Not everyone has the luxury of owning a kitchen that has enough space for you to be comfortable in. But that doesn’t mean we can’t find a way to make our small kitchens as efficient and as comfortable as large ones. Sometimes we’ll have to deal with what we have and make the best out of it.
From incorporating peninsulas to U-shapes, to L-shapes, and even a way to make an island fit, we’ll be listing down 5 of the best layouts available for small kitchens that you should try to emulate.
The peninsula is one of the most underrated and often forgotten ways to make the most out of space. A peninsula is often used as a room divider instead of a fully concrete wall. Essentially, a peninsula is basically a connected island that takes a horseshoe shape.
The peninsula layout is often used in small spaces and housings in areas where space and living are the most expensive, and one can definitely see why. It’s a wall, but not really a wall, an extended workspace, and opens up the entire room. This is also a less expensive method of adding more space to your kitchen and dining area or living room.
A double galley is less popular by a wide margin than the peninsula, and we can understand why. A double galley is less aesthetically appealing. Just two countertop spaces on two sides of the kitchen walls. Sometimes it looks great when there are two doors on both sides, but most houses don’t have that design.
However, this shouldn’t mean that a double galley should be left out as an option. A double galley is one of the most practical layouts for kitchens out there. It’s probably second, compared to L-shaped layouts, but it has its own perks. There will be no stopping traffic because of the linear flow, and there are no space-wasting corner cupboards that aren’t actually necessary.
A U-shaped layout is able to provide the most prepping space compared to all the layouts. There are three sides worth of countertops you can place appliances, your sink, cupboards, and cabinets in. For U-shaped layouts in really tight places, it is a must to thin them out and utilizing the spaces above and below!
Spaces under the countertop should be filled with things that aren’t used that much, like large pots, cleaning agents, and tools. The space above can be used for cupboards or open shelves where you’ll be placing your plates, utensils, and commonly used cooking ware and ingredients.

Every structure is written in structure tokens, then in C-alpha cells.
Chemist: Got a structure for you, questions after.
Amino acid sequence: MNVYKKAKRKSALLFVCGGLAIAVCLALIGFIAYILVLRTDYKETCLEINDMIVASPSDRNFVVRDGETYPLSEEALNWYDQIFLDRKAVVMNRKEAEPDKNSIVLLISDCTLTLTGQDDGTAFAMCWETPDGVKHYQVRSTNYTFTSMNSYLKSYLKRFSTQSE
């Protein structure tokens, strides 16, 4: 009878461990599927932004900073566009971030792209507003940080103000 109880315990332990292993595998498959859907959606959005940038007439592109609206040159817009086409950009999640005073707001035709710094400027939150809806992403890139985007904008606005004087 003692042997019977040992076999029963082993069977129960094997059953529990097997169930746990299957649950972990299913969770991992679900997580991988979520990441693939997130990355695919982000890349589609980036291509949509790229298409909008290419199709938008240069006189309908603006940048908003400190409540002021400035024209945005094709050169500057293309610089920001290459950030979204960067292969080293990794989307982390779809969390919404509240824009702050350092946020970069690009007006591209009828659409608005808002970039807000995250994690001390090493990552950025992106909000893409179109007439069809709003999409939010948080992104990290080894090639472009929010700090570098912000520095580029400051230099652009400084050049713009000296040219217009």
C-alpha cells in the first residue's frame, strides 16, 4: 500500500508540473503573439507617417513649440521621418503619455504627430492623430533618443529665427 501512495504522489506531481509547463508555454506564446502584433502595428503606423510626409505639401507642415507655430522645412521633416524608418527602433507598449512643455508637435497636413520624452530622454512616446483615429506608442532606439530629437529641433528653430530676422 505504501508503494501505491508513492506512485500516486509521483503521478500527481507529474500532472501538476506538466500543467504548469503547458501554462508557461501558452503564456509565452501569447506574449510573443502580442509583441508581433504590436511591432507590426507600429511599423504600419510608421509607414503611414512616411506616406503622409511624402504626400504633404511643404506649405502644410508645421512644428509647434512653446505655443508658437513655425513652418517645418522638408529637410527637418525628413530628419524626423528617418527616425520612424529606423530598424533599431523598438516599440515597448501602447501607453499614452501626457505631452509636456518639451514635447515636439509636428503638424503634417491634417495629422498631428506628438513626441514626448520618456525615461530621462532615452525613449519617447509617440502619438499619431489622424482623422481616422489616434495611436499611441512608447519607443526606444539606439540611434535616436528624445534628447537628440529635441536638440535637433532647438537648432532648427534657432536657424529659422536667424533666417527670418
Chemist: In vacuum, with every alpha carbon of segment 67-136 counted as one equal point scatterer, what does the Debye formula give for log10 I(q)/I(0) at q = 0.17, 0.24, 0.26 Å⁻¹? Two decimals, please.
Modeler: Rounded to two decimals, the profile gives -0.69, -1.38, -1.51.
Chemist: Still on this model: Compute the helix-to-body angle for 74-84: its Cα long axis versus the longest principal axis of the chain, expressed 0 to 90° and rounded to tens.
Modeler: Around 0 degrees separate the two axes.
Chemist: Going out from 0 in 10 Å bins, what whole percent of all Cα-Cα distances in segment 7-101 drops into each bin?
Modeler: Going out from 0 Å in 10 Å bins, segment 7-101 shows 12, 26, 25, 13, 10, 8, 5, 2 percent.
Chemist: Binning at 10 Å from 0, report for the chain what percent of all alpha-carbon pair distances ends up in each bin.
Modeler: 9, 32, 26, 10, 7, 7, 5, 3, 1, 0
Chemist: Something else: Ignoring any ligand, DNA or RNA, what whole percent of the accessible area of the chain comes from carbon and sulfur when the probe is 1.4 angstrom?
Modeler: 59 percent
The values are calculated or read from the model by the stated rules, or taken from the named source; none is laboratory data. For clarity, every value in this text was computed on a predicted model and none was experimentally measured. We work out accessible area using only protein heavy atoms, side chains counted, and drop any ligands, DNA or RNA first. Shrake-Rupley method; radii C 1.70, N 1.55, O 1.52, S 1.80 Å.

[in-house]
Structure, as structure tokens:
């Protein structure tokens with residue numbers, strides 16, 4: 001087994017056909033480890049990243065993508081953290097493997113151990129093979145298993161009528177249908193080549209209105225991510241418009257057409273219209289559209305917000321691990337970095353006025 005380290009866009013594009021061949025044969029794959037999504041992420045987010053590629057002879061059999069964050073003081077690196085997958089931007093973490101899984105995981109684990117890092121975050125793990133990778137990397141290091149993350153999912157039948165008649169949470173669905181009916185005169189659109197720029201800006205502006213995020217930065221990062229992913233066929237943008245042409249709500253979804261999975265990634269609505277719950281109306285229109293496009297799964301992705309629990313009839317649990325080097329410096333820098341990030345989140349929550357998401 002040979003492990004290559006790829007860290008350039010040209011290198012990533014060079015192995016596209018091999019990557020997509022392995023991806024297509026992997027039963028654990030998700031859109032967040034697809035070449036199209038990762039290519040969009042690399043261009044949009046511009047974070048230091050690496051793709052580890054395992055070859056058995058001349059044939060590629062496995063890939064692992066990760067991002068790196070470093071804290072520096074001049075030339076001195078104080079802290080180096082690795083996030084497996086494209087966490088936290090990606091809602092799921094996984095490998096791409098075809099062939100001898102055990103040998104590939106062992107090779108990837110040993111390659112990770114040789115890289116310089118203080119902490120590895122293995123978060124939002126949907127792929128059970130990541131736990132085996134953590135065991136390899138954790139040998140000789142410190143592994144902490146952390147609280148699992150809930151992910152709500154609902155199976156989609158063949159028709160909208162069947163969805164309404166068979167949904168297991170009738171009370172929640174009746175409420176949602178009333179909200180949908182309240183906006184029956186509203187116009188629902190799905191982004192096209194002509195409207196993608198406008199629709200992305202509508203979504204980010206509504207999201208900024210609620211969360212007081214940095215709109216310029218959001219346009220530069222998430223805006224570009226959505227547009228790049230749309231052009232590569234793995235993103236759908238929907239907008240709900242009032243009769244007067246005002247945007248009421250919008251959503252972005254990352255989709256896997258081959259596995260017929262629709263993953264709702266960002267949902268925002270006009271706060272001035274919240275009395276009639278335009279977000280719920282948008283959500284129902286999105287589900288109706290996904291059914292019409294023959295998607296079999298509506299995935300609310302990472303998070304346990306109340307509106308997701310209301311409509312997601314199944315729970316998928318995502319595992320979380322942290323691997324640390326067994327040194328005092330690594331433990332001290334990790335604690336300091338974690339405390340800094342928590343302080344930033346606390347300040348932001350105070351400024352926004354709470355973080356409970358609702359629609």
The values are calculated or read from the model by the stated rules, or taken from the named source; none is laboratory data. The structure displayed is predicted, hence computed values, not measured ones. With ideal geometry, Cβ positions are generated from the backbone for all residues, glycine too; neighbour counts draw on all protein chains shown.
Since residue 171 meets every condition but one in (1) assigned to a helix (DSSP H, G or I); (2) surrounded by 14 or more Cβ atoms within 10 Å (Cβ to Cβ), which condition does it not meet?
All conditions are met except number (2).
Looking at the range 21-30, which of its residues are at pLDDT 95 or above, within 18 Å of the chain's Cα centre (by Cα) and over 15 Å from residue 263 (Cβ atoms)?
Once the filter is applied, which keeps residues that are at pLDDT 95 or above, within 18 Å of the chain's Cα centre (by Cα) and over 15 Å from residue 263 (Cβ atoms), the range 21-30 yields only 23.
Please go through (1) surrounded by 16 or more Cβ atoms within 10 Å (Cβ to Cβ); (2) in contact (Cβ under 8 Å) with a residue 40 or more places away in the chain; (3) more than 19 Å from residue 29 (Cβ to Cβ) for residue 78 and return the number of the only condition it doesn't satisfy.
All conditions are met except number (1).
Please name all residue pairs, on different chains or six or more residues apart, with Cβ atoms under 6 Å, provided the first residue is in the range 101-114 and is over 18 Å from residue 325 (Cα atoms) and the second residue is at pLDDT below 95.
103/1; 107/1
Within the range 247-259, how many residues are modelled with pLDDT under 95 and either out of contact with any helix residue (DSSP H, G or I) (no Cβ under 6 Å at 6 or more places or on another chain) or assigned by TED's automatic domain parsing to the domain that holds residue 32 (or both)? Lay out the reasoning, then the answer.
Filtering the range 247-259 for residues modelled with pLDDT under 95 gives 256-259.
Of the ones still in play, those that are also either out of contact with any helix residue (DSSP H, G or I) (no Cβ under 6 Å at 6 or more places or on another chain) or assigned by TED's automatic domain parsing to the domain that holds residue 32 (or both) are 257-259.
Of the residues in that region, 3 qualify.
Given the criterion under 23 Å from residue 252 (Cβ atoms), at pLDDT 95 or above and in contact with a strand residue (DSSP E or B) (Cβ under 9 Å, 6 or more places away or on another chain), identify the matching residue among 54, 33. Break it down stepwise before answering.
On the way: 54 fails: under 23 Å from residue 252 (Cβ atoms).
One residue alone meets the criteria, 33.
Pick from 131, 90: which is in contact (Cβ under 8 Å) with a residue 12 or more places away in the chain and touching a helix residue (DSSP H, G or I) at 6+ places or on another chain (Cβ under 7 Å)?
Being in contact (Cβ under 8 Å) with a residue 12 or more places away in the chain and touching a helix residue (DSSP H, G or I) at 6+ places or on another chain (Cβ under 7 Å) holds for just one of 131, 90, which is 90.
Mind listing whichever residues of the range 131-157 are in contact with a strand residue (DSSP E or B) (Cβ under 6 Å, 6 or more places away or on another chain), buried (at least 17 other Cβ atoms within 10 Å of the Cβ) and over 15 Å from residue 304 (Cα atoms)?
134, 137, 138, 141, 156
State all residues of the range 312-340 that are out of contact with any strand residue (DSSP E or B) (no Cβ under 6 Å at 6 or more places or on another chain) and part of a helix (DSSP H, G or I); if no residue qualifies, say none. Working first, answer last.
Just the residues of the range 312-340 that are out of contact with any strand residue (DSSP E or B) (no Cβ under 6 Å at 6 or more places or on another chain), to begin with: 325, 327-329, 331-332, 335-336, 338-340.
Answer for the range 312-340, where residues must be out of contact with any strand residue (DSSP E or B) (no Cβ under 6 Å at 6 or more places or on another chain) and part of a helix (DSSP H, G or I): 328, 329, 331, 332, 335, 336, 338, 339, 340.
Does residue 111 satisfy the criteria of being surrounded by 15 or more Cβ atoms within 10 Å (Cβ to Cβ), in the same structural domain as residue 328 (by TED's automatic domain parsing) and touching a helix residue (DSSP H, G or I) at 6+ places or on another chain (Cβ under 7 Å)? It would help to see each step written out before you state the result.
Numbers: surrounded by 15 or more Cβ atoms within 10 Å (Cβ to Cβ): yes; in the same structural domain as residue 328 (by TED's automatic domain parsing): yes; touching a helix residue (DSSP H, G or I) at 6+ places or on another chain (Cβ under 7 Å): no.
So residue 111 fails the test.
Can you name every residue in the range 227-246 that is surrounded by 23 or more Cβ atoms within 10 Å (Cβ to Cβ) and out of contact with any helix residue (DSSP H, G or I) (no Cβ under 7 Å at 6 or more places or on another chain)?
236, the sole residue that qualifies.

An L-shaped layout is sometimes preferred over U-shaped layouts because they balance storage and floor space. Compared to a U-shaped layout where all three sides are filled with items and countertop workspaces, an L-shaped layout only uses two and provides breathing room.
You wouldn’t want to make it feel cramped in a small kitchen. There’s nothing worse than working in a kitchen where you feel like you’re being suffocated. Cabinets and shelves are a must-have to make up for the working space that a U-shaped layout can provide. Avoid dust-gathering gaps, use geometric tiles to add depth, and contrast colors.
Kitchen Island Layouts
People have the impression that kitchen islands are only for large kitchens with spaces for them. However, almost all kitchens (yes, even the small ones) do have space for it. Of course, it’s necessary to adjust to whatever space is available, so this is where we’re going to make up for it in creativity.
A kitchen island is often seen as an immovable workspace, but that isn’t always the case. Sometimes a kitchen island can just be a solid table that you can move to one side if you aren’t using it. Or even just a small moveable kitchen island that has storage space underneath it.
So What Should You Choose?
The answer to this question totally depends on you. Kitchen layouts are decisions that should be made on a case-to-case basis. Not everyone has the same practical and aesthetic needs, and not everyone has the budget to buy or renovate to their liking. Just make sure to consider both practical needs and whatever fits your heart, and you’re sure to be contented with whatever you decide on.